Please call us on 03 9486 5966 to find out how we can provide the best solution for your pain with our range of services.

Acupuncture Eases Alcohol Cravings

Acupuncture reduces alcohol cravings in alcoholics. Researchers note that acupuncture is both safe and effective for reducing cravings in alcohol dependent patients. They add that acupuncture is an inexpensive modality of care for the treatment of alcoholism and “produces significant results.”

Traditional Acupuncture

This study breaks from other research on this topic. Prior research focused on National Acupuncture Detoxification Association (NADA) acupuncture point prescriptions for addiction. This typically involved use of auricular acupuncture points including Kidney, Sympathetic, Shenmen, Liver and Lung. However, this study used only one acupuncture point that is located on the lower leg. The researchers note of this acupuncture point, “Traditionally, it has been used as an acupoint for detoxification.”

What’s the Point?
The acupuncture point investigated in the research is Zhubin (KI9) that is translated as “guest house.” It is located on the medial aspect of the lower leg and is 5 cun superior to KI3. It is approximately 1 cun posterior to the medial border of the tibia at the lower end of the gastrocnemius muscle. It is placed on a line drawn between KI3 and KI10.

KI9 is the Xi Cleft point of the Yinwei (Yin linking) vessel. This is the channel that connects the yin meridians of the hand and foot to the Conception channel. The Yinwei vessel may also be accessed by acupoint PC6, the confluent point of the Yinwei vessel. To achieve this, PC6 is often paired with SP4, its paired confluent point for the treatment of heart, chest and stomach disorders.

This study used only KI9, whose Yinwei vessel connection makes it especially suitable for the treatment of heart issues. In particular, this point benefits patients with heart shen (spirit) issues due to phlegm and phlegm-fire. This includes the treatment of mania, raving, bipolar disorder (manic depression) and other forms of severe mental illness. Here, there is a logical consistency with the application of KI9 for the treatment of alcohol cravings given alcoholism’s propensity for causing phlegm-fire in the heart.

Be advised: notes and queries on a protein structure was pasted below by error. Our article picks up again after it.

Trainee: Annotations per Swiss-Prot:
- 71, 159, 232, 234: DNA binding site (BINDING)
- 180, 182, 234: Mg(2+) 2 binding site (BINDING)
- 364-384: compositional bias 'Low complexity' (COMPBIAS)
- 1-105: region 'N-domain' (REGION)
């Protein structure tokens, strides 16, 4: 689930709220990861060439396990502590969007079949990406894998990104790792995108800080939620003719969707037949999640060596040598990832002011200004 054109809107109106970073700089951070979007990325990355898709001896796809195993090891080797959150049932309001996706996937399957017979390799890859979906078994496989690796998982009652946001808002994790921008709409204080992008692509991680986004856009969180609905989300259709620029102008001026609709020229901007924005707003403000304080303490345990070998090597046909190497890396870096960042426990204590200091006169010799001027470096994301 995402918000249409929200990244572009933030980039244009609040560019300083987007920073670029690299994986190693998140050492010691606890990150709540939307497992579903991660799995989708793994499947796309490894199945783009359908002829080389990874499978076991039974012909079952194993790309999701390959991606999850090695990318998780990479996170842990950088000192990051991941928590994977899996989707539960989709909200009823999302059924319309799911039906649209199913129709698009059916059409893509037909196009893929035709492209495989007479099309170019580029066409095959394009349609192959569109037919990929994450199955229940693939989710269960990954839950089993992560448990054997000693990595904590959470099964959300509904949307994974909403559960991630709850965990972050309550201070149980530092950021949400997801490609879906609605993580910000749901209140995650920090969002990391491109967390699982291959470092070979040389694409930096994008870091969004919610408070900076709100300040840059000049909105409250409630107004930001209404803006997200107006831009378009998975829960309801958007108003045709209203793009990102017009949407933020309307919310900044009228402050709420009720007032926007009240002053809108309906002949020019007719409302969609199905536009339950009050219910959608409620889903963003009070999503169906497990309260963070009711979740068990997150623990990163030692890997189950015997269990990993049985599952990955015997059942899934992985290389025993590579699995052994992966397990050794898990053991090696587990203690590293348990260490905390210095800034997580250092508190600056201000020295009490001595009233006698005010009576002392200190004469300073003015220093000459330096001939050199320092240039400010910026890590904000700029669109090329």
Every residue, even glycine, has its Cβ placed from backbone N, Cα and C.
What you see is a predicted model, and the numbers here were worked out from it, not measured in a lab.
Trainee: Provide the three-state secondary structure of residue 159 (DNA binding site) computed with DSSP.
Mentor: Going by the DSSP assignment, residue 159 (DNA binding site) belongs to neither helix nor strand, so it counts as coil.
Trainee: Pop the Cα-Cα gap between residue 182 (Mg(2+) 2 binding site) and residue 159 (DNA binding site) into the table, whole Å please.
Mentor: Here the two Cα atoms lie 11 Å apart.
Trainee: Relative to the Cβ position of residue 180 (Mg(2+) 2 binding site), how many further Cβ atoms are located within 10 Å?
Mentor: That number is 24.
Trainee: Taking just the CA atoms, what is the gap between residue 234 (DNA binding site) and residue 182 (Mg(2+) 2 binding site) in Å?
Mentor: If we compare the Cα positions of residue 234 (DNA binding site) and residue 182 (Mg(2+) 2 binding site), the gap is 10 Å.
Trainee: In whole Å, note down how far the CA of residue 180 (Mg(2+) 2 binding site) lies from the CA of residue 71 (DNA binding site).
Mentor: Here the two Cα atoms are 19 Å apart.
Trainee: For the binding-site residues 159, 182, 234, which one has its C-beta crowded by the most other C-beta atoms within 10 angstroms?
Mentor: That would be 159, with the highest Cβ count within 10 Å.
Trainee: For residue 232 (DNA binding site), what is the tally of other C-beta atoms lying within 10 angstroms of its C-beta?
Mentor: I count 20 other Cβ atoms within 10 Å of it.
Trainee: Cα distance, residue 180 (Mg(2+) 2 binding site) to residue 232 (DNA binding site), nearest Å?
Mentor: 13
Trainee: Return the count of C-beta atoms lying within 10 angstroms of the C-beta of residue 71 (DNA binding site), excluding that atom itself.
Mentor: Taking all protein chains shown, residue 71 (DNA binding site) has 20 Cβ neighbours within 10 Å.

The Protocol
An acupuncture treatment group was compared with a placebo controlled group in this single-blinded, randomized investigation. The acupuncturist was aware of the group allocations but the staff and patients were blinded to allocation of placebo vs. real acupuncture groups. This was made possible through the use of the Park Sham Device (PSD). Made by Acupuncture Needle Inc., Korea, this unusual sham acupuncture needle device simulates acupuncture needle insertion but never actually penetrates the skin. The researchers note, “It has a 15 mm diameter round plastic base and a shaft telescopes into the handle when downward pressure is applied. Placebo needles have blunt tips and are put into the tube to mimic the insertion of a needle.”

Exclusion criteria included drug abuse, use of psychotropic medications, cognitive impairment and other factors. The treatment procedure commenced after three weeks of patient admittance to the study to avoid intoxication and withdrawal symptom complications. All real acupuncture and placebo group patients received group therapy, education and standard hospital care. The real acupuncture group received acupuncture at KI9 using a needle guide tube with a 0.25 X 40 mm needle (Dongbang Acupuncture Inc., Korea). The Park Sham Device was used for all placebo group patients. All subjects had treatment periods of 15 minutes, twice per week for a total of 4 weeks.

Testing of cravings was performed using a Visual Analogue Scale (VAS) for assessment. The researchers note, “We used a horizontal line, with 120 mm in length. At the left end, the subject feels no craving for alcohol, while he feels a maximum craving for alcohol at the right end. The subject marks on the line the point that they feel represents their craving for alcohol in their current state.” Testing of cravings was performed after provoking cravings at week 1, 2 and 4 of the study. In all cases, the acupuncture group had significantly less cravings than the placebo group.

Individual needle insertion is shown here.

The cravings for alcohol were provoked by giving the subjects sips of liquor once every 30 seconds for 3 minutes. This was followed by a 3 minute interval and another period of sipping liquor every 30 seconds for another 3 minutes. The researchers note that the acupuncture group showed significant reductions in cravings and the placebo control group showed no improvement. The research team notes of the 4 week study, “The results showed that the acupuncture treated group had a significant craving reduction compared with the control group. Acupuncture treatment on Zhubin (KI9) was effective from the 1st week of treatment and its effect lasted through the 4 weeks.”

Lee, Jin-Seong, Sung-Gon Kim, Taek-Geun Jung, Woo Young Jung, and Seong-Yeon Kim. “Effect of Zhubin (KI9) acupuncture in reducing alcohol craving in patients with alcohol dependence: A randomized placebo-controlled trial.” Chinese journal of integrative medicine (2014): 1-5.